The rabbi welcomed the abbot to his hut. But when the abbot explained his visit, the rabbi could say, "I know how it is". "The spirit has gone out of the people. It is the same in my town. Almost no one comes to the synagogue anymore." So the old abbot and the old rabbi wept together. Then they read parts of the Torah and spoke of deep things. When the abbot had to leave, they embraced each other. "It has been a wonderful that we should meet after all these years," the abbot said, "but I have failed in my purpose for coming here. Is there nothing you can tell me that would help me save my dying order?" "No, I am sorry," the rabbi responded. "I have no advice to give. But, I can tell you that the Messiah is one of you."
When the abbot returned to the monastery his fellow monks gathered around him to ask, "Well what did the rabbi say?" “The rabbi said something very mysterious, it was something cryptic. He said that the Messiah is one of us. I don't know what he meant?"
In the time that followed, the old monks wondered whether there was significance to the rabbi's words. The Messiah is one of us? Could he possibly have meant one of us monks? If so, which one?
Do you suppose he meant the abbot? Yes, if he meant anyone, he probably meant Father Abbot. He has been our leader for more than a generation. On the other hand, he might have meant Brother Thomas. Certainly Brother Thomas is a holy man. Everyone knows that Thomas is a man of light. Certainly he could not have meant Brother Elred! Elred gets crotchety at times. But come to think of it, even though he is a thorn in people's sides, when you look back on it, Elred is virtually always right. Often very right. Maybe the rabbi did mean Brother Elred. But surely not Brother Phillip. Phillip is so passive, a real nobody. But then, almost mysteriously, he has a gift for always being there when you need him. He just magically appears. Maybe Phillip is the Messiah.
Of course the rabbi didn't mean me. He couldn't possibly have meant me. I'm just an ordinary person. Yet supposing he did? Suppose I am the Messiah? O God, not me. I couldn't be that much for You, could I?
As they contemplated, the old monks began to treat each other with extraordinary respect on the chance that one among them might be the Messiah. And they began to treat themselves with extraordinary respect.
People still occasionally came to visit the monastery in its beautiful forest to picnic on its tiny lawn, to wander along some of its paths, even to meditate in the dilapidated chapel. As they did so, they sensed the aura of extraordinary respect that began to surround the five old monks and seemed to radiate out from them and permeate the atmosphere of the place. There was something strangely compelling, about it. Hardly knowing why, they began to come back to the monastery to picnic, to play, to pray. They brought their friends to this special place. And their friends brought their friends.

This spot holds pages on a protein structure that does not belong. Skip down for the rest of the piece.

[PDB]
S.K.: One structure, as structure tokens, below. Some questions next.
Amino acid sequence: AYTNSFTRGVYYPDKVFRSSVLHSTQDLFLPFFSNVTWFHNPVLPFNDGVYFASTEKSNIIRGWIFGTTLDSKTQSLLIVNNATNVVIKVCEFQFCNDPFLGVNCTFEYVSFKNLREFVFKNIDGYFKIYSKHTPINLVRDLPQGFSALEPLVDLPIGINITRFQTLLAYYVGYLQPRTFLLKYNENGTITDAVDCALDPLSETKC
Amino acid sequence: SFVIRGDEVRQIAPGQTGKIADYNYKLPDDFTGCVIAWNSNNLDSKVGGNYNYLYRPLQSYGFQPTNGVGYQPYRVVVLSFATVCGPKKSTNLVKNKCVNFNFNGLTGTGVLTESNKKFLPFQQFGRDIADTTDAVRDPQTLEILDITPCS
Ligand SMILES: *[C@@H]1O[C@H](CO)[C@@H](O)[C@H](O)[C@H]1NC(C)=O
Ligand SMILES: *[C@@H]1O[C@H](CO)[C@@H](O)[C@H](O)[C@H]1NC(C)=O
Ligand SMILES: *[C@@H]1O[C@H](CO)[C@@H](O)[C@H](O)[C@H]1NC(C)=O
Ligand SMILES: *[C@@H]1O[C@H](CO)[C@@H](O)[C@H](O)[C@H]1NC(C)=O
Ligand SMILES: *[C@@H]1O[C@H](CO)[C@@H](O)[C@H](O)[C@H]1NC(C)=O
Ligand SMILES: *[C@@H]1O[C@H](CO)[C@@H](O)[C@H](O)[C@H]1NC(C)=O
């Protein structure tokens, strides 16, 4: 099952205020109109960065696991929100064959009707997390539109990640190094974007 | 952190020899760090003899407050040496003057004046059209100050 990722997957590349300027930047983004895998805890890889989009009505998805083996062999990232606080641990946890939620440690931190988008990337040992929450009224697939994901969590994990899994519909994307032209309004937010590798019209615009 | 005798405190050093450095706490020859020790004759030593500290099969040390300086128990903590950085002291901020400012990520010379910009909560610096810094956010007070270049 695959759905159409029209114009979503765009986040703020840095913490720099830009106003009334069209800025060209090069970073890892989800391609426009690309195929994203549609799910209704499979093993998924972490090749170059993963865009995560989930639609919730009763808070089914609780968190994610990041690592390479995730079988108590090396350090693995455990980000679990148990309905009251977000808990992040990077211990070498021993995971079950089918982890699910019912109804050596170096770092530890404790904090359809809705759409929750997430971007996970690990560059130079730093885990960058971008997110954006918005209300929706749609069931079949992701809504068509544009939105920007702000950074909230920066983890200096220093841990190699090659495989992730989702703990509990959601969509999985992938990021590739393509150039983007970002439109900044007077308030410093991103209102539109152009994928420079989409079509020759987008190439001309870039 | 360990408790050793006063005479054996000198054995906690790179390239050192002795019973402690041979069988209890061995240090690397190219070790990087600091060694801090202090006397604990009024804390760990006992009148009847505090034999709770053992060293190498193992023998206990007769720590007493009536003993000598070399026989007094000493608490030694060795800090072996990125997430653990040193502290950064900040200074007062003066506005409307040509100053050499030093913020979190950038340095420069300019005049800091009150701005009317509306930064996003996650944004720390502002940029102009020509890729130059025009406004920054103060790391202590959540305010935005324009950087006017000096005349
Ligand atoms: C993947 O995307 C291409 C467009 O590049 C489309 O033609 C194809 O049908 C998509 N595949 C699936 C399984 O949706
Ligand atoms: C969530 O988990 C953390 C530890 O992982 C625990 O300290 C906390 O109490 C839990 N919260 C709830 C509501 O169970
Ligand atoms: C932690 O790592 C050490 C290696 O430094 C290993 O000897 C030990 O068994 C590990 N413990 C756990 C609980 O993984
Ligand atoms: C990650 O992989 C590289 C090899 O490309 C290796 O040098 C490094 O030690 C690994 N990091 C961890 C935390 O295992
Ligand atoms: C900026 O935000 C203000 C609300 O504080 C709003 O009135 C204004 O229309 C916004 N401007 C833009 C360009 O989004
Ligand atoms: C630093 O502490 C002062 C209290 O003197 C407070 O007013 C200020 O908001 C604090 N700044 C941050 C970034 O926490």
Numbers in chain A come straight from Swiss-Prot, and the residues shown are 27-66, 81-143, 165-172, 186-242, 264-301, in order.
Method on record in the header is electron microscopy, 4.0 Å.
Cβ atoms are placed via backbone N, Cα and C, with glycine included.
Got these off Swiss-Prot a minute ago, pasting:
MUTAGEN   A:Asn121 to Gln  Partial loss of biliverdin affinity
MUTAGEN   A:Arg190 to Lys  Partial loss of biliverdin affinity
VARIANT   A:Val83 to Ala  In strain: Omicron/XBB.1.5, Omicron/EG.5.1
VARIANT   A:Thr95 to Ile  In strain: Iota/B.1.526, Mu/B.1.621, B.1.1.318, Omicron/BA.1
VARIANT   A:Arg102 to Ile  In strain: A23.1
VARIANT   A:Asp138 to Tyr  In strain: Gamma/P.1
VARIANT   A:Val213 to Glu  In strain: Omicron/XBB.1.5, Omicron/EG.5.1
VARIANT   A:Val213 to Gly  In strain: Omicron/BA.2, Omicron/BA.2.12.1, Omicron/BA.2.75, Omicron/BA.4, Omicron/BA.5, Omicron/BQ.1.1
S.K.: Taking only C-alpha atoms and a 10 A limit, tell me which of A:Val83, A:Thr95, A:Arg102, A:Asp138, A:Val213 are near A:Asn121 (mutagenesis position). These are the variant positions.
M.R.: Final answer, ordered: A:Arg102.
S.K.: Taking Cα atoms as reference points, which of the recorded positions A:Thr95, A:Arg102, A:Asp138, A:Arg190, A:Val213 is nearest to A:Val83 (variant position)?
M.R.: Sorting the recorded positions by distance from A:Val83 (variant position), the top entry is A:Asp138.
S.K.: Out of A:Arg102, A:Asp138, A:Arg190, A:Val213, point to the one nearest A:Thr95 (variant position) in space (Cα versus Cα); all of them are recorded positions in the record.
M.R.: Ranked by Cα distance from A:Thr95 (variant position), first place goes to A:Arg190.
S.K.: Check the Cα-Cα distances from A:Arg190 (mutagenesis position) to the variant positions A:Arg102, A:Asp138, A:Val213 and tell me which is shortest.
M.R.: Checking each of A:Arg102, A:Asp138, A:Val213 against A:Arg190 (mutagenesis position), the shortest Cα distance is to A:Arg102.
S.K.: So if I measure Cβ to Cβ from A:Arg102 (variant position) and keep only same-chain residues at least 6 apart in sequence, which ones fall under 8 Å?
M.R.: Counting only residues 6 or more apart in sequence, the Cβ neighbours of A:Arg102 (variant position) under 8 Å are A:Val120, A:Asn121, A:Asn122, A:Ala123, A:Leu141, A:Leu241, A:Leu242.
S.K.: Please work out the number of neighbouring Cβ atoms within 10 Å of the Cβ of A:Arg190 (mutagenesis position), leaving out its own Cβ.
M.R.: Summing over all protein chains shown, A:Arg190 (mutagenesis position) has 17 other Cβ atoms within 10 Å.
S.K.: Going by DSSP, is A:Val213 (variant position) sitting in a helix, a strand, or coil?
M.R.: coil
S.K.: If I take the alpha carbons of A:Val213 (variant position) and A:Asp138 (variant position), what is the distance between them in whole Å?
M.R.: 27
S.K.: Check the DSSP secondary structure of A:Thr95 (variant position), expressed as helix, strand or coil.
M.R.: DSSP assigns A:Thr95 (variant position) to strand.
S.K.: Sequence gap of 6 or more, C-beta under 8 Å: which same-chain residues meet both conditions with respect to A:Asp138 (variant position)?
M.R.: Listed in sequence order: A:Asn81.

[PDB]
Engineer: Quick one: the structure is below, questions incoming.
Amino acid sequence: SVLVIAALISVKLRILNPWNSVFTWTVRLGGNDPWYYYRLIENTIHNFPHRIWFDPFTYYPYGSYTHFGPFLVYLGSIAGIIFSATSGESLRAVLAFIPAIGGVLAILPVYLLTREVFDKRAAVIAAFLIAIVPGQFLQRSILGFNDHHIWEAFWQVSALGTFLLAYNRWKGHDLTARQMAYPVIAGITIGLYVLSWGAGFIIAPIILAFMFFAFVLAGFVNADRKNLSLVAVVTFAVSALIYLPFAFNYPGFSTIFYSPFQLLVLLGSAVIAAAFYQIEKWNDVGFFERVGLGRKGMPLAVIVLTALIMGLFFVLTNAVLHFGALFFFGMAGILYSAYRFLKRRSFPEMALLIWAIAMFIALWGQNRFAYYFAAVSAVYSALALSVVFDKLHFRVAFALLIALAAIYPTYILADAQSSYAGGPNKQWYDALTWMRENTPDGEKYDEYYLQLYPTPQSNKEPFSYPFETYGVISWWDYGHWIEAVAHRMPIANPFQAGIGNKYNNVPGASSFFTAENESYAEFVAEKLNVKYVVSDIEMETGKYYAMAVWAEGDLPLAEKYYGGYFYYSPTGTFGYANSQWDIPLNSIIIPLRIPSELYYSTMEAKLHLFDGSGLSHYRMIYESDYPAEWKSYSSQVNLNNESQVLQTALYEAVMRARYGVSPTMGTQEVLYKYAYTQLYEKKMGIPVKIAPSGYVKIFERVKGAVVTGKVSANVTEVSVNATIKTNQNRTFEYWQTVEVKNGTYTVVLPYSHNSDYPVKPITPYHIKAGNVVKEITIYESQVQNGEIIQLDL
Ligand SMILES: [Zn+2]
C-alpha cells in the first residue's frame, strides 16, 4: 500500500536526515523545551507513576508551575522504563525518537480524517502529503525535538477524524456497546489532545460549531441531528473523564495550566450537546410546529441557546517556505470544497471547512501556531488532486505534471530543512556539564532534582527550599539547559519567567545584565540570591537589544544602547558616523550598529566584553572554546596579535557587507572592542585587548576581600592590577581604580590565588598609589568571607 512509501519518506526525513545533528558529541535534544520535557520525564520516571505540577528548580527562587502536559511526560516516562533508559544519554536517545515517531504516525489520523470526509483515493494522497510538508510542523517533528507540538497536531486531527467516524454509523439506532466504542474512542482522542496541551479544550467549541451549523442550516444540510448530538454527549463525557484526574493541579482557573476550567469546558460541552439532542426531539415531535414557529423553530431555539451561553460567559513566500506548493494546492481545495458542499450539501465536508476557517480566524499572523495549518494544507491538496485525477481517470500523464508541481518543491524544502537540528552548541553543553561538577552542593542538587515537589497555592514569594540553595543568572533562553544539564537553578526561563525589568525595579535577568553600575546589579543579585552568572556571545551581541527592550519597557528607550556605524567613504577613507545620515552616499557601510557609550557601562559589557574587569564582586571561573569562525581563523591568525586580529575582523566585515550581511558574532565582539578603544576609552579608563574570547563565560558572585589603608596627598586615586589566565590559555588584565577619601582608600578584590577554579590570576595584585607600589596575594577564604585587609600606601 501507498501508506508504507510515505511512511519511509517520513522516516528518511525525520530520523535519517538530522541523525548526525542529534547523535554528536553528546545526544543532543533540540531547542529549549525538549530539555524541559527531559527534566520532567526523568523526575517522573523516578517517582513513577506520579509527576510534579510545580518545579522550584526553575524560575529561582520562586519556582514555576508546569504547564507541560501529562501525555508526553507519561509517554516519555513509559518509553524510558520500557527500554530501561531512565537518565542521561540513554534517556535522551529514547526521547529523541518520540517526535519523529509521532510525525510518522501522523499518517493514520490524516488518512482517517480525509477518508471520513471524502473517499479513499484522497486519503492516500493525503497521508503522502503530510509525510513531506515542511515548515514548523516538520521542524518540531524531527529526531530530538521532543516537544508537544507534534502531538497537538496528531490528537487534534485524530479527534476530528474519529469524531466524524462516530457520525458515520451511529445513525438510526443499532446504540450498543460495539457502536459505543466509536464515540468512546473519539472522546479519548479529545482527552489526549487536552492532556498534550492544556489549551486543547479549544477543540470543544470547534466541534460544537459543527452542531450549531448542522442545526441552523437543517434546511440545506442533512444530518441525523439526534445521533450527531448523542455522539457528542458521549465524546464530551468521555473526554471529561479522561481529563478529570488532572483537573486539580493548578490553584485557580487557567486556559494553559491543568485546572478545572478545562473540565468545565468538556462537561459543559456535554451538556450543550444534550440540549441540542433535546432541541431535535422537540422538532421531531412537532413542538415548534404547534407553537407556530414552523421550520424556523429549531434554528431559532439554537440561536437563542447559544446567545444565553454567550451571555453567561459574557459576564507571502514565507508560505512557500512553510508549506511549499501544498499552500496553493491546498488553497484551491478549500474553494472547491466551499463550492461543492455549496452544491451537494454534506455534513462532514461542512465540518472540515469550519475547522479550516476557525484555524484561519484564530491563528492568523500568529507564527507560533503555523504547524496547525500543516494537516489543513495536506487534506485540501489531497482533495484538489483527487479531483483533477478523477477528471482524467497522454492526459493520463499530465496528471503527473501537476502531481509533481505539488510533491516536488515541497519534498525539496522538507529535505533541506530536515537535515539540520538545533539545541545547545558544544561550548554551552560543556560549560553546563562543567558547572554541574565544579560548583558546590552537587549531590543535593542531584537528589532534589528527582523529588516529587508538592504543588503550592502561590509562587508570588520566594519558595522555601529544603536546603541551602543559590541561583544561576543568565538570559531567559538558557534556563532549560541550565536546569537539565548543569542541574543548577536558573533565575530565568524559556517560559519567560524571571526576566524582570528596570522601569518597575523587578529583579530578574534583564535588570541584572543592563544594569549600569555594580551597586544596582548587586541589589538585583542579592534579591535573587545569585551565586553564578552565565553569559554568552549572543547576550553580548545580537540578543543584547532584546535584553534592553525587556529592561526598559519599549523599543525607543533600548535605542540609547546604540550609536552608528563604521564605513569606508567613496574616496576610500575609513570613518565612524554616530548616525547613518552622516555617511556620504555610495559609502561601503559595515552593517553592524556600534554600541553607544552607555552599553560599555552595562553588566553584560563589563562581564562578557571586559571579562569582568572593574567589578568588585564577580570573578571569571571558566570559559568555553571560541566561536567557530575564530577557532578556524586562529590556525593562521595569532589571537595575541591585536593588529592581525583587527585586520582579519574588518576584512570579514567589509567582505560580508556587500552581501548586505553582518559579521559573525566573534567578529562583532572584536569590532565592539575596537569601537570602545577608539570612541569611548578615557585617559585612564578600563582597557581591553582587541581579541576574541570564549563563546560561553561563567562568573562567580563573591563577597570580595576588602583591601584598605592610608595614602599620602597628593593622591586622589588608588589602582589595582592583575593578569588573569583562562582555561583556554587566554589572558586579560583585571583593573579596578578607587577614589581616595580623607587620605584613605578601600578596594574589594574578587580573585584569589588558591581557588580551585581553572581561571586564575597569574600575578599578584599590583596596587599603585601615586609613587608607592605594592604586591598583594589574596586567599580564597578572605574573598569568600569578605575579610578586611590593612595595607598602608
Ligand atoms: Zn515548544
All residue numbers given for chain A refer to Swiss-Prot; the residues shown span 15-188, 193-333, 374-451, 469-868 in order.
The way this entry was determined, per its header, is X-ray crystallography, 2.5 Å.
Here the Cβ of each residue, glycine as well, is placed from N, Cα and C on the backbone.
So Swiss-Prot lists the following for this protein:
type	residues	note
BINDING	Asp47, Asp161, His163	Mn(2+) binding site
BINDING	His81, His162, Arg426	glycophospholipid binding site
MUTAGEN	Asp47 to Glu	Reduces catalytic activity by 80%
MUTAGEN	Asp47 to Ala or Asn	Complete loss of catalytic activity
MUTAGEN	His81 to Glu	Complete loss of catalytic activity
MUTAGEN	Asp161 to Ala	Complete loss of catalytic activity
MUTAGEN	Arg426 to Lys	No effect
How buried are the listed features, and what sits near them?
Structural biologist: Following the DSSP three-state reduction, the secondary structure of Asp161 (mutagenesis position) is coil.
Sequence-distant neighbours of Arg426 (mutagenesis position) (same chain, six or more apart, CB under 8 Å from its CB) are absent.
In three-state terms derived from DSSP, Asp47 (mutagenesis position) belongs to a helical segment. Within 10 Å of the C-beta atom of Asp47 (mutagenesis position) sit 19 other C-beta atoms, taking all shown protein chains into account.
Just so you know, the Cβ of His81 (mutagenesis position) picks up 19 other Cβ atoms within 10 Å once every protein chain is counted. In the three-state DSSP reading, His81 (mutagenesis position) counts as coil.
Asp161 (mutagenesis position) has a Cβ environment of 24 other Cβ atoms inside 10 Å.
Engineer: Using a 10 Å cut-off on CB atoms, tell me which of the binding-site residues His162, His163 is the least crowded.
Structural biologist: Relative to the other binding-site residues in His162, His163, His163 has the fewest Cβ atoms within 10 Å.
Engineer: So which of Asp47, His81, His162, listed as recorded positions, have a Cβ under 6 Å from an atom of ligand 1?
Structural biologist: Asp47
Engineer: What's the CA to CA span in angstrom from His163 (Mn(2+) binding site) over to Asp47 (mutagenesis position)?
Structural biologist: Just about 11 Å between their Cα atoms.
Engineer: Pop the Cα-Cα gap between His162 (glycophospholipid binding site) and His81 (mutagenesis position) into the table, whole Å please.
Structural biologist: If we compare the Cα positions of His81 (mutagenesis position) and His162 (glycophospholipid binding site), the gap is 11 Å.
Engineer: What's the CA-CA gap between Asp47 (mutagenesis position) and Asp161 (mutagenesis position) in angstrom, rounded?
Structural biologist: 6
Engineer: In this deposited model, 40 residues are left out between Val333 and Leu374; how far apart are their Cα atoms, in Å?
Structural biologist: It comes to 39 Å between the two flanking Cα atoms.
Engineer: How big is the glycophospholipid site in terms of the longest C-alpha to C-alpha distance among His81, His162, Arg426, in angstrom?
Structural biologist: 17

Then some of the younger men who came to visit the monastery started to talk more and more with the old monks. After a while one asked if he could join them. Then another, and another. So within a few years the monastery had once again become a thriving order and, thanks to the rabbi's gift, a vibrant center of light and spirituality.
God’s love in Jesus is for each of us. The offer of Jesus own life and spirit is to each of us. God’s love in Jesus is also for all of us together. The quality of our community says something deep and real about the quality, the health and well-being, of our spirituality. By our love will people know that we are disciples of Jesus, and that love is meant to be open. There is always room for more in the community of Jesus, at the table of Jesus. This community is an “all y’all” community, and the quality of our life together says something deep and real about the quality, the health and well-being, of our spirituality.
A few years ago a new worship song was written that expresses this all so well. I want to end by sharing a few of the words of that song with you.
For everyone born, a place at the table, for everyone born, clean water and bread, a shelter, a space, a safe space for growing, for everyone born, a star overhead. For everyone born, a place at the table, live without fear, and simply to be, to work to speak out, to witness and worship, for everyone born, the right to be free. And the chorus rings out: And God will delight when we are creators of justice and joy, yes, God will delight when we are creators of justice, justice and joy!
Something happened that night – bread, wine, water, the beginning of a community where everyone might visible and valued and respected, where everyone might have a place at the table, a community of love, of justice and joy. May something happen tonight – in bread, wine and water, the continuing of a community where everyone is visible and valued and respected, where everyone has a place at the table, a community of love, of justice and joy. Amen.